Almudena Cemetery – General Introduction

Chapel at Almudena CemeteryThe size of Almudena Cemetery, the largest cemetery in Madrid, perfectly reflects the scope of its contents, containing more graves than there are citizens in the city. However, there is definite evidence of who were the victors and losers of the Spanish Civil War, something Francisco Franco made well-known throughout his dictatorship.

There are several imposing monuments to commemorate the Nationalist dead. There is a monument to the División Azul, those Francoist soldiers sent to fight for Hitler against Russia in World War II. The visitor will also find  the graves of members of the German Condor Legion, the division that bombed the town of Guernica in 1937, inciting Pablo Picasso to paint his famous Guernica for the 1937 World’s Fair in Paris.

The commemorations to the Republican dead are modest, including the site of the deaths of the “13 rosas rojas.” These 13 young women were incarcerated shortly after the end of the civil war for their involvement with the Communist Party of Spain (the PCE) or the Unified Socialist Youth (JSU). They were pulled from Ventas Prison in the middle of the night and executed by firing squad in Almudena Cemetery in August of 1939. The site, a simple wall, is marked by several plaques, including one that that says, “They gave their lives here for liberty and democracy the 5th of August, 1939.”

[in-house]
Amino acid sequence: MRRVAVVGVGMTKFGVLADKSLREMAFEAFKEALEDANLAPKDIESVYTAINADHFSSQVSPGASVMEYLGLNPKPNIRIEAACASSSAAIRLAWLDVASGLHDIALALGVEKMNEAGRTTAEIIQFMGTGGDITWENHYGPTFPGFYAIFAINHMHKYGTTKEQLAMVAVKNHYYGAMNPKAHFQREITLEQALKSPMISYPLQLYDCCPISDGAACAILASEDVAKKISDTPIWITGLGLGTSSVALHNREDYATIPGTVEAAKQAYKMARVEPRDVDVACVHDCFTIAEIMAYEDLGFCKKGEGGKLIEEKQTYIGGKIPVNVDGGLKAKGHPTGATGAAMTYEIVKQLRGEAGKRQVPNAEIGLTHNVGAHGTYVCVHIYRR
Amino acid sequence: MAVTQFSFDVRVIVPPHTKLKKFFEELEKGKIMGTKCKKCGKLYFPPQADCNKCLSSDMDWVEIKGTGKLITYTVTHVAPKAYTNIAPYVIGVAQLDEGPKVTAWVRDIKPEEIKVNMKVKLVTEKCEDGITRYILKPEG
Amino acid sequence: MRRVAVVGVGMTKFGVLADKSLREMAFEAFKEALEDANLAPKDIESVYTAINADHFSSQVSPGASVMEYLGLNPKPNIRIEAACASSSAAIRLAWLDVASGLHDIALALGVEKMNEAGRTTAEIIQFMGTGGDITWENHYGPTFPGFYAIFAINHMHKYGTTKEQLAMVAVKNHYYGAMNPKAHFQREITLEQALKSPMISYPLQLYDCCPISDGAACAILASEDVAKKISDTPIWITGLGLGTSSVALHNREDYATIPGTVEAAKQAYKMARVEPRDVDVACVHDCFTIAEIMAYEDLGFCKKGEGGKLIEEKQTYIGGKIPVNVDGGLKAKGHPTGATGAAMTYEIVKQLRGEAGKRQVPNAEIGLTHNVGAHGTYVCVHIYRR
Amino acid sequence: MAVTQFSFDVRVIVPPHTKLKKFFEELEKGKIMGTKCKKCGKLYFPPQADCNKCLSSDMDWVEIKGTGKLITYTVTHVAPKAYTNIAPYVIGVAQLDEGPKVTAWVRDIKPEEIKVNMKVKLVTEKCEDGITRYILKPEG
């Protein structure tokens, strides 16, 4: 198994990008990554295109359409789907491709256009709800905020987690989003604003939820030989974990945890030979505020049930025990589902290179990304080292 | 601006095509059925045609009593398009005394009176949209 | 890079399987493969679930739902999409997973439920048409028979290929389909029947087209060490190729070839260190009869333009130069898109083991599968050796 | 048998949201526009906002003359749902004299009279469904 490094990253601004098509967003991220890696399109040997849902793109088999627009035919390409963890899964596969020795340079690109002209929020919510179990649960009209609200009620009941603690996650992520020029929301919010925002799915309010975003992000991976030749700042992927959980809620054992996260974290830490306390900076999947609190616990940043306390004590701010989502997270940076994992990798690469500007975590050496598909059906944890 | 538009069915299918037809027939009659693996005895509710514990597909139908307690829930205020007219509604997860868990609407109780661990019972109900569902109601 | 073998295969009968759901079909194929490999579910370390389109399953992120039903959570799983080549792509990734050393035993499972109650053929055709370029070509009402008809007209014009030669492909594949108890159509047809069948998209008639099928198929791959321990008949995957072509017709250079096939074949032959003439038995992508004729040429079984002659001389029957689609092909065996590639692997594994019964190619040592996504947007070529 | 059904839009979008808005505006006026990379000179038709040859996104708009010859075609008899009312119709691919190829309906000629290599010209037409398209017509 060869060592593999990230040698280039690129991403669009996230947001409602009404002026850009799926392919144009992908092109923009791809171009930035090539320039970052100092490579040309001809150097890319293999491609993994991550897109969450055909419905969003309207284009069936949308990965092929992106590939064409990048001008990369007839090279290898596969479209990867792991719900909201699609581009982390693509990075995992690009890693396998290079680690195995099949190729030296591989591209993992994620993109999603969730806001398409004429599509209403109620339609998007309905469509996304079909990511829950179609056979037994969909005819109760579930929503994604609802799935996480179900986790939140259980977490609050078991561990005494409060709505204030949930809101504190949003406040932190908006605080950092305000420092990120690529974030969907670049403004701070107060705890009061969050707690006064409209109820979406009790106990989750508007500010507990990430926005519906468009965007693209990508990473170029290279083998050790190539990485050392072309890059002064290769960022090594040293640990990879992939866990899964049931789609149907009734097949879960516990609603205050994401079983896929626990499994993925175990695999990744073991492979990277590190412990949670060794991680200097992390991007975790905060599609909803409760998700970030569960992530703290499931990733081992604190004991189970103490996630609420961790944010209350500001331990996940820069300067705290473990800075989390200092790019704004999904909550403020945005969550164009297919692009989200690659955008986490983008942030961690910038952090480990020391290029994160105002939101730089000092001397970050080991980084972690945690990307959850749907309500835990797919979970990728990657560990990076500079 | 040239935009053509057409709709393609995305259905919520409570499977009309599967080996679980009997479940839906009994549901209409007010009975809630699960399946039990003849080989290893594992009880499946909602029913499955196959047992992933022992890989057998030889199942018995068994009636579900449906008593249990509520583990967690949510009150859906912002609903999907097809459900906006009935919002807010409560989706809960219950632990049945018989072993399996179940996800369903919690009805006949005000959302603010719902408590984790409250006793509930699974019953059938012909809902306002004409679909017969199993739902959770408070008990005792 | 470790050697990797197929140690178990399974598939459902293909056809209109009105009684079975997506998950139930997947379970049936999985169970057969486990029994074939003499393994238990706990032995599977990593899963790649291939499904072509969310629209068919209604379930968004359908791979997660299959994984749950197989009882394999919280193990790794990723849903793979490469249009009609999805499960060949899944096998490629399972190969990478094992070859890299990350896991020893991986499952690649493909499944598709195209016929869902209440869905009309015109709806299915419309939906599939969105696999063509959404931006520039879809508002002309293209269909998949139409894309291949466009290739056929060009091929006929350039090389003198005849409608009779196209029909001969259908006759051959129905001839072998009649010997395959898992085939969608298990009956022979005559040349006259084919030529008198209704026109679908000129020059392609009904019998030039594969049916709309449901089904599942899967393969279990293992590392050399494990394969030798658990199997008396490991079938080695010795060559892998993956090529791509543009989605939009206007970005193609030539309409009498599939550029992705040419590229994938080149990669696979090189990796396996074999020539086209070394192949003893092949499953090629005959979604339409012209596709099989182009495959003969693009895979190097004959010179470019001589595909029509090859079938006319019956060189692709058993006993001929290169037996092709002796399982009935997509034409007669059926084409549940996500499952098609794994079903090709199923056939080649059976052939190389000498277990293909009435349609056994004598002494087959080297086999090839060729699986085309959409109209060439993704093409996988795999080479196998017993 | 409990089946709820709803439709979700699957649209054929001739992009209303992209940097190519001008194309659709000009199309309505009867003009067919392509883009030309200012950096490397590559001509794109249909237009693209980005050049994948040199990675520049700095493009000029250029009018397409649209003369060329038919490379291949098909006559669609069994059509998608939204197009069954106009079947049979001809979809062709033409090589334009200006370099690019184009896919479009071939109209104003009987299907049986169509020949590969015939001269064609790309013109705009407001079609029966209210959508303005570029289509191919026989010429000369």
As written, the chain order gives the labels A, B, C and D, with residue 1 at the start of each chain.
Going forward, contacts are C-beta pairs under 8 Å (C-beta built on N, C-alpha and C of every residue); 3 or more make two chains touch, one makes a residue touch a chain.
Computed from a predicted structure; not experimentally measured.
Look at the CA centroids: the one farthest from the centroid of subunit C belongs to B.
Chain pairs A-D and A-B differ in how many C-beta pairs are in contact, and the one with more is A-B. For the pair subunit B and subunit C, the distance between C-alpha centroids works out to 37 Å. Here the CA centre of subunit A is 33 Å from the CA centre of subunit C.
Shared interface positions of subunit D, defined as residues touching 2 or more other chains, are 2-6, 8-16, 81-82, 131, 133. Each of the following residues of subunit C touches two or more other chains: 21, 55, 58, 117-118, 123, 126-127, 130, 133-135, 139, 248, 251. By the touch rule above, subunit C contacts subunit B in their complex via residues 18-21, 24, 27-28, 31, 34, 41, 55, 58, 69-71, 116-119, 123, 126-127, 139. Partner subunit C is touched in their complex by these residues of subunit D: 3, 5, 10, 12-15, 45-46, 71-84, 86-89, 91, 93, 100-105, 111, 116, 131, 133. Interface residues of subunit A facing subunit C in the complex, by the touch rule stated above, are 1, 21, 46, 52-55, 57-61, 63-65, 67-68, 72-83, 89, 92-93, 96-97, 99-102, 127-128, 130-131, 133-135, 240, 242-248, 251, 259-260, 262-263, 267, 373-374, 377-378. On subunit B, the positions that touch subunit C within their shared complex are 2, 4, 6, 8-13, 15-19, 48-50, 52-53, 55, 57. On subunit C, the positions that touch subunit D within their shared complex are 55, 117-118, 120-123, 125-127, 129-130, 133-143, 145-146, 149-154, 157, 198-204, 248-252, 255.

Also in Almudena, one can find the grave of La Pasionaria, Dolores Ibárruri, who was a champion of workers’ and women’s rights through her positions in the Republican government and Communist party. Madrid fended off the three year siege by Nationalist forces with the help of Ibárruri’s famous cry “No pasarán!” (“They shall not pass!”). After the war, Ibárruri went on to become Secretary General and then President of the PCE. Also, after Franco’s death in 1975, she was appointed to the Spanish government as a representative of the Asturias electoral district.

These commemorations in Almudena Cemetery serve as an interesting counterpart to the veneration for Franco and his fallen at Valle de los Caídos, since the size of the cross alone physically dwarfs the commemoration for fallen Republican soldiers, which in one instance consists of a single photo against a cemetery wall.

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